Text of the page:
Under a warming climate (higher evaporation, increased heat stress of plants) or an increased disturbance regime, the need to access water can be expected to increase and may reduce the radius at which khulan can graze away from water, thus reducing the pasture area that is functionally available for the khulan population. Furthermore, the frequency of extreme events like droughts and extreme winters (both with no snow or extreme amounts of snow) is expected to further increase52,53. The high mobility of khulan and other migratory wild ungulates is the best strategy to cope with this uncertainty, but requires a high level of landscape connectivity39,54.
Our 100,000 km2 study area constitutes the core of the world largest remaining khulan population27. We identified a set of 53 waterpoints which must be considered as having population-level importance (key waterpoints). At the same time, there is clear evidence that khulan are negatively impacted by human activities and livestock presence34,43,55,56. To ensure the long-term survival of the khulan in the South Gobi Region, key waterpoints should receive some form of protection that at a minimum ensures unlimited access by wildlife and limits disturbance to the surrounding habitat. Currently, only 6 of these most-frequented waterpoints are located within national protected areas. This is a matter of concern, especially considering the rapidly increasing livestock numbers (in our study, livestock numbers have increased by almost 40% within our 5-year study period (Fig. S7 in SOM) and the ongoing infrastructure developments in the South Gobi Region46.
Khulan seem to respond to the risk of disturbance at waterpoints, which includes illegal killings57,58, by visiting these locations primarily at night. In the Western Gobi Region, where humans and livestock are absent during most of the growing season, khulan visit waterpoints almost equally over all 24 hours of the day (Fig. S6 in SOM). Temporal niche sharing, allowing the coexistence of wildlife and humans in multi-use landscapes has been widely documented elsewhere59. In the khulan conservation context, it requires humans to remain at a certain distance from waterpoints, especially at night so that khulan and other wildlife can access waterpoints without being disturbed by unpredictable human activity such as off-road vehicles or free-ranging dogs60. Furthermore, anti-poaching units should regular patrol key waterpoints to discourage poaching. Given the fundamental importance of waterpoints in the Gobi for wildlife, livestock, and people, a respective “code of conduct” should be drafted together with local stakeholders. Such a document should incorporate existing informal rules which regulate minimum distances for camps, water use, and foresee some form of monitoring of water quality and flow. Using citizen science to monitor wildlife and water at key waterpoints could help to establish ownership, pride, and raise awareness for the unique Gobi fauna and water as a precious resource, as has been demonstrated for other environmental contexts elsewhere61.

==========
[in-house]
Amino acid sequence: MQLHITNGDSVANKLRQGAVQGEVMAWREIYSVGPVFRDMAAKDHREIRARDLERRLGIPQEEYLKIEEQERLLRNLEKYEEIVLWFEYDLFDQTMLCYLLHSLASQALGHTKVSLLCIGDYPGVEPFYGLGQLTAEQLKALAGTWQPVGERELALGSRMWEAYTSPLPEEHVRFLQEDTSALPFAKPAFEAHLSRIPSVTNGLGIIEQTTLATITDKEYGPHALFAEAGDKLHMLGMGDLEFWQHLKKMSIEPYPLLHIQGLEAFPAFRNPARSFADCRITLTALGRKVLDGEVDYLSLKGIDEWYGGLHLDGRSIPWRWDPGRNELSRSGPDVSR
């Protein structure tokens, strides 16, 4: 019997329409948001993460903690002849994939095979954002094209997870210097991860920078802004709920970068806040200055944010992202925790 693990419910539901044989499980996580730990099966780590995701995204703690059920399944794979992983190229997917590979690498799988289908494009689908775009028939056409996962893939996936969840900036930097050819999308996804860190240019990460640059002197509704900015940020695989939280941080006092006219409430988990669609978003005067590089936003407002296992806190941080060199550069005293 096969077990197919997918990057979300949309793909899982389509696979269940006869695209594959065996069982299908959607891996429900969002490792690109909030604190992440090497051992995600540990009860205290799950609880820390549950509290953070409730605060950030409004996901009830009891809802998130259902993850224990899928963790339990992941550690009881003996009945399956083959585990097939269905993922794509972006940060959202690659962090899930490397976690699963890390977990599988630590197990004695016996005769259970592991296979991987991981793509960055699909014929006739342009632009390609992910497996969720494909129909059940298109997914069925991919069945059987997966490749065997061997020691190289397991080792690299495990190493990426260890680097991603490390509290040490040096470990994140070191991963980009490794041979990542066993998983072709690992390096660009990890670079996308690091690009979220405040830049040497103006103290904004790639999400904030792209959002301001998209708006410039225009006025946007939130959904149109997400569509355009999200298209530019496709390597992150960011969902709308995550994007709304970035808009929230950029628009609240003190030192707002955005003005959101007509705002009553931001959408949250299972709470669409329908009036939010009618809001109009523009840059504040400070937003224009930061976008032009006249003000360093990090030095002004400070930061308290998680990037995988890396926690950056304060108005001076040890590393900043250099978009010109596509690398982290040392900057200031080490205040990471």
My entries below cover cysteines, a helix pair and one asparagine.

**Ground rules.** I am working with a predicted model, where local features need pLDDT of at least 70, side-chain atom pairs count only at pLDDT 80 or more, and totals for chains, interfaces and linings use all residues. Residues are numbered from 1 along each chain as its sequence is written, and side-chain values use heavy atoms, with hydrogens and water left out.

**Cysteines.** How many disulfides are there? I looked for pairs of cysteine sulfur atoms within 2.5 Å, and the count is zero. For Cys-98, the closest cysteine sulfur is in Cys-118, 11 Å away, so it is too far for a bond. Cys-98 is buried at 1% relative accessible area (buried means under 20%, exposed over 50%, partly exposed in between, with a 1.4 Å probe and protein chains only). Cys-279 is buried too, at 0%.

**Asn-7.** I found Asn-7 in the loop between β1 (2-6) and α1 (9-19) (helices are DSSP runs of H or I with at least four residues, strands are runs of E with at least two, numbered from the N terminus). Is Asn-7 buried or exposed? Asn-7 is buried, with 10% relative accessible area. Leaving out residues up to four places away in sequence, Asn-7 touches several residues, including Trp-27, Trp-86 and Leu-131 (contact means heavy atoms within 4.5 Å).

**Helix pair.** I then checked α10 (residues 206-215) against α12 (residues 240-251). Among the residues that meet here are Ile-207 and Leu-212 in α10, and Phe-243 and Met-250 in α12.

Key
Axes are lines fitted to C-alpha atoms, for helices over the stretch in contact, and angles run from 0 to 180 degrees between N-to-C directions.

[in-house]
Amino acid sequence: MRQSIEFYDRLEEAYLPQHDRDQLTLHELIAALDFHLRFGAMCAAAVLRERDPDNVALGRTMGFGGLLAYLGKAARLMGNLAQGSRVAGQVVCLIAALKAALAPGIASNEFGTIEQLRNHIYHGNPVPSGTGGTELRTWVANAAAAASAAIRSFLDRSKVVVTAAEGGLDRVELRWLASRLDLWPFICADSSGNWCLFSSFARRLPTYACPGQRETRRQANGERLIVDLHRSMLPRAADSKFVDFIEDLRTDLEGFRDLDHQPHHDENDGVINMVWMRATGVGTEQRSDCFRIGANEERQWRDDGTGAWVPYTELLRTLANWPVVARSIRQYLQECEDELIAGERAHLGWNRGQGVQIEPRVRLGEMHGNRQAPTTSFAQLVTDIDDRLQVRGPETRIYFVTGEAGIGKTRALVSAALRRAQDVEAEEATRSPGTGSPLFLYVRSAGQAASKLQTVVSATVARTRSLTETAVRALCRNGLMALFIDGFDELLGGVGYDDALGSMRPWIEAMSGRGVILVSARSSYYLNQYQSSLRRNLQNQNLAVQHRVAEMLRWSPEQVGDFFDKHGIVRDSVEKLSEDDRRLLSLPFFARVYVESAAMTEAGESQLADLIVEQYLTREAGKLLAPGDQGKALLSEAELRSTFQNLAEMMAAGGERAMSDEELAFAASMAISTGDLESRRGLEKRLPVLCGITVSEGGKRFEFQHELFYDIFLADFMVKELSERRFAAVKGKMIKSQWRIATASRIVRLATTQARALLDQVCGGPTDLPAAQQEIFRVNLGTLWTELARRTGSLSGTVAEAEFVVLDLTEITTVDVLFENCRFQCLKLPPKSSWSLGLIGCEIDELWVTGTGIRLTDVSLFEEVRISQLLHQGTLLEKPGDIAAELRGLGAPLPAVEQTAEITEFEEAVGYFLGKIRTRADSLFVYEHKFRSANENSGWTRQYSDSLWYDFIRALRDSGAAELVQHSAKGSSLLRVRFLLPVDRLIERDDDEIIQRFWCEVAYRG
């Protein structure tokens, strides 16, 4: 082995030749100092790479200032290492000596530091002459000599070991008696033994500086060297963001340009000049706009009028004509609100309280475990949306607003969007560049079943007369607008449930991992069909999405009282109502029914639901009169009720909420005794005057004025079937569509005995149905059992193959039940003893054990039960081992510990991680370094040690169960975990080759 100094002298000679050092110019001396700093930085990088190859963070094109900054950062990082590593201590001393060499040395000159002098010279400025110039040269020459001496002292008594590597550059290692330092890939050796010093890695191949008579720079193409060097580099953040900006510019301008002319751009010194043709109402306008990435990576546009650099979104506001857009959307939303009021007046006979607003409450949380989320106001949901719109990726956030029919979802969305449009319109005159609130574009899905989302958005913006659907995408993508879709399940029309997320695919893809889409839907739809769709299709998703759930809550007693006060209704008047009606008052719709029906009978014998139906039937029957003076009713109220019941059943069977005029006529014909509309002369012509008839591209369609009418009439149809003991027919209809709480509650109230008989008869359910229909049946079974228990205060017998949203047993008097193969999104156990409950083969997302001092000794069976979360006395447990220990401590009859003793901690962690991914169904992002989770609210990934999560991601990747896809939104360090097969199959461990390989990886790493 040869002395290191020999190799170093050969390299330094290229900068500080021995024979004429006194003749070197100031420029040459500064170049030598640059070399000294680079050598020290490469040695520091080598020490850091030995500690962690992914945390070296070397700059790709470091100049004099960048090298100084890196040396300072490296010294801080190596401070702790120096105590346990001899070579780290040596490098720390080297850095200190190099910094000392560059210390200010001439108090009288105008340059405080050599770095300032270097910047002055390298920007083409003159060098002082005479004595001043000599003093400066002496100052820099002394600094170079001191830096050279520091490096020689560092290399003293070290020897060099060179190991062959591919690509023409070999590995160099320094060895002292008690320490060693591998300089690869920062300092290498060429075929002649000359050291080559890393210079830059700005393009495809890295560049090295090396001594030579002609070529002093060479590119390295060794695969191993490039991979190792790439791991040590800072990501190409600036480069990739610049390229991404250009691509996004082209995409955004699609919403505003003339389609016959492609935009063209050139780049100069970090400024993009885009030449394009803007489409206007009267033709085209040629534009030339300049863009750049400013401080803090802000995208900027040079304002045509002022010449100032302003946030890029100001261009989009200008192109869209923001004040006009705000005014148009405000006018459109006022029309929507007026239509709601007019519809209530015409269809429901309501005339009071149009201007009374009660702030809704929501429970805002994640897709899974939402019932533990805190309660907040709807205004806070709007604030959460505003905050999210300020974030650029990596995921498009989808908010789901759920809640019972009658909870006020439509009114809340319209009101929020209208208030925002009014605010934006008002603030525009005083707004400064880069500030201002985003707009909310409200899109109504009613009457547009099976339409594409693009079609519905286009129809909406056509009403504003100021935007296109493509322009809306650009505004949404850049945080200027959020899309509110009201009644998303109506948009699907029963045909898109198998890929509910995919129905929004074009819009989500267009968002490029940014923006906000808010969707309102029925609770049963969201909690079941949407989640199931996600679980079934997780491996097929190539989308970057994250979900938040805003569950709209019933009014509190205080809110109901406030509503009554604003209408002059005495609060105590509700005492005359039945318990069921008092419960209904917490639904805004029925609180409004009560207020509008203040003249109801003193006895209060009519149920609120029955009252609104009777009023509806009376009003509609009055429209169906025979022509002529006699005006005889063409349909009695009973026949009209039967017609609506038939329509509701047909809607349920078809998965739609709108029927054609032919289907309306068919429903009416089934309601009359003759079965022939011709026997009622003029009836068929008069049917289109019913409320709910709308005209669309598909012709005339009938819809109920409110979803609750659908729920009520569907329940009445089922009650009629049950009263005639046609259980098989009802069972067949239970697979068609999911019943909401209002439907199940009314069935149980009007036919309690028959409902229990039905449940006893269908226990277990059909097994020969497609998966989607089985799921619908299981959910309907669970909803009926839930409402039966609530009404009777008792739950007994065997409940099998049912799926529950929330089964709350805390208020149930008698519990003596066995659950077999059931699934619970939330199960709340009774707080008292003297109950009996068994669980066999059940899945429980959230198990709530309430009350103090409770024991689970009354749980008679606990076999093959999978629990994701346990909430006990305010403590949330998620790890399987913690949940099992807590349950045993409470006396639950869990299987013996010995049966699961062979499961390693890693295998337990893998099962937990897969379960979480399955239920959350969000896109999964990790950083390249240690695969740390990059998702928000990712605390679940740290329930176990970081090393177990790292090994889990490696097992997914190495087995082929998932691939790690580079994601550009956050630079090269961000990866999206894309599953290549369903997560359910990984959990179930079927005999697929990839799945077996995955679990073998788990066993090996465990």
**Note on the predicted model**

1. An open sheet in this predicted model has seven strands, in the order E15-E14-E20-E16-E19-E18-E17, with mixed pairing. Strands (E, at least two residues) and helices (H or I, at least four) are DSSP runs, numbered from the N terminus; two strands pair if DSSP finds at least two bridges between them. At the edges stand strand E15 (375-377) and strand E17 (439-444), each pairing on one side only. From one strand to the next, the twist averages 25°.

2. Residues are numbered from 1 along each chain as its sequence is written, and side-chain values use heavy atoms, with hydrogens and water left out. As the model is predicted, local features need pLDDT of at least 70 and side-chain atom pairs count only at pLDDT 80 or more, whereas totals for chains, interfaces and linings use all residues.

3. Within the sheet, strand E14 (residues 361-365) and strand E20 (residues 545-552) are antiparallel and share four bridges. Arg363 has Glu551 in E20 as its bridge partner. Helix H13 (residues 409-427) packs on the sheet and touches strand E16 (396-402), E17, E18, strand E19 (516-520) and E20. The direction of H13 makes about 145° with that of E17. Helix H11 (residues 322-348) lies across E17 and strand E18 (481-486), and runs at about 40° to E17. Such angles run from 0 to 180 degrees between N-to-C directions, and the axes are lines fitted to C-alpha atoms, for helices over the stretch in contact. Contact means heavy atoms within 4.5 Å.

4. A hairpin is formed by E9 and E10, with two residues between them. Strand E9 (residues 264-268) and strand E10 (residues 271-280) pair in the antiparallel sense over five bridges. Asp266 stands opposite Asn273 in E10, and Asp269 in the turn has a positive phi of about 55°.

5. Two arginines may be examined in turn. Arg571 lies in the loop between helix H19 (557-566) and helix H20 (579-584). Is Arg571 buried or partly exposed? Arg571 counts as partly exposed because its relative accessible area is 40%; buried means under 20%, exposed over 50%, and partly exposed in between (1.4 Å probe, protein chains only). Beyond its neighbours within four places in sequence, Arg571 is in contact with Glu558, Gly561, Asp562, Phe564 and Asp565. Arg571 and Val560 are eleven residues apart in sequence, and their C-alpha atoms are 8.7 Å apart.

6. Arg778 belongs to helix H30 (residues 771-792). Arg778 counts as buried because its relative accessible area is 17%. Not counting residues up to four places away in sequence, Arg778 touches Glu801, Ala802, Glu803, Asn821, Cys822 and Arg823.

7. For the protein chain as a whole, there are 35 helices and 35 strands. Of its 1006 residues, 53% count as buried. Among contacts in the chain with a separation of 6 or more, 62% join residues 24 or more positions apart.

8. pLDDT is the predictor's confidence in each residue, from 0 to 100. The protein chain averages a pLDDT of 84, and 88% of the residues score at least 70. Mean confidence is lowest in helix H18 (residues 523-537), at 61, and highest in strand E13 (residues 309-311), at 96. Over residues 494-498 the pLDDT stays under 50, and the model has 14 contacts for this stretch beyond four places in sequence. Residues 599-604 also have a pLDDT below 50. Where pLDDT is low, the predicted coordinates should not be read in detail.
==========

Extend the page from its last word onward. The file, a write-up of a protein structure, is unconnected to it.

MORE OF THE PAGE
Several of the waterpoints highly frequented by khulan are near mining infrastructure, which demonstrates that khulan will habituate to the infrastructure (including traffic which predictably stays on the road) to gain access to water. Nevertheless, there is strong evidence that even roads with moderate traffic constitute considerable movement barriers (e.g. crossings of the Oyu Tolgoi mining road were about 50% less than expected and crossings occurred primarily at night when traffic volumes are minimal; JP, BB, PK unpubl. data). Current traffic volumes on mining roads are low to moderate and largely confined to daylight hours. However, with additional development and economic opportunities, traffic will likely increase, as will be the need for additional transportation corridors, hence resulting in stronger barrier effects62,63. To avoid cutting off khulan from waterpoints of population-level importance, these locations should be flagged as no-go zones for new infrastructure and development projects, and existing infrastructure should be realigned where possible or else its impact mitigated (e.g. via wildlife underpasses, implemented based on the requirements and standards for mitigating transportation corridors in Mongolia from 2015).
However, the large ranges covered by individual khulan and the large number of waterpoints visited by the population of GPS-collared khulan highlights once again the need to ensure that landscape connectivity is maintained. The non-overlapping potential grazing range of the 53 key waterpoints sums up to a maximum of 7,208 km2, which is at most one quarter the size of the area that a single khulan covers within 1 or 2 years. Experience from other regions has shown that variable, low productivity landscapes will only support a small fraction of the number of ungulates if migration is no longer possible64. Hence, just protecting key waterpoints and their surrounding pastures is clearly not enough.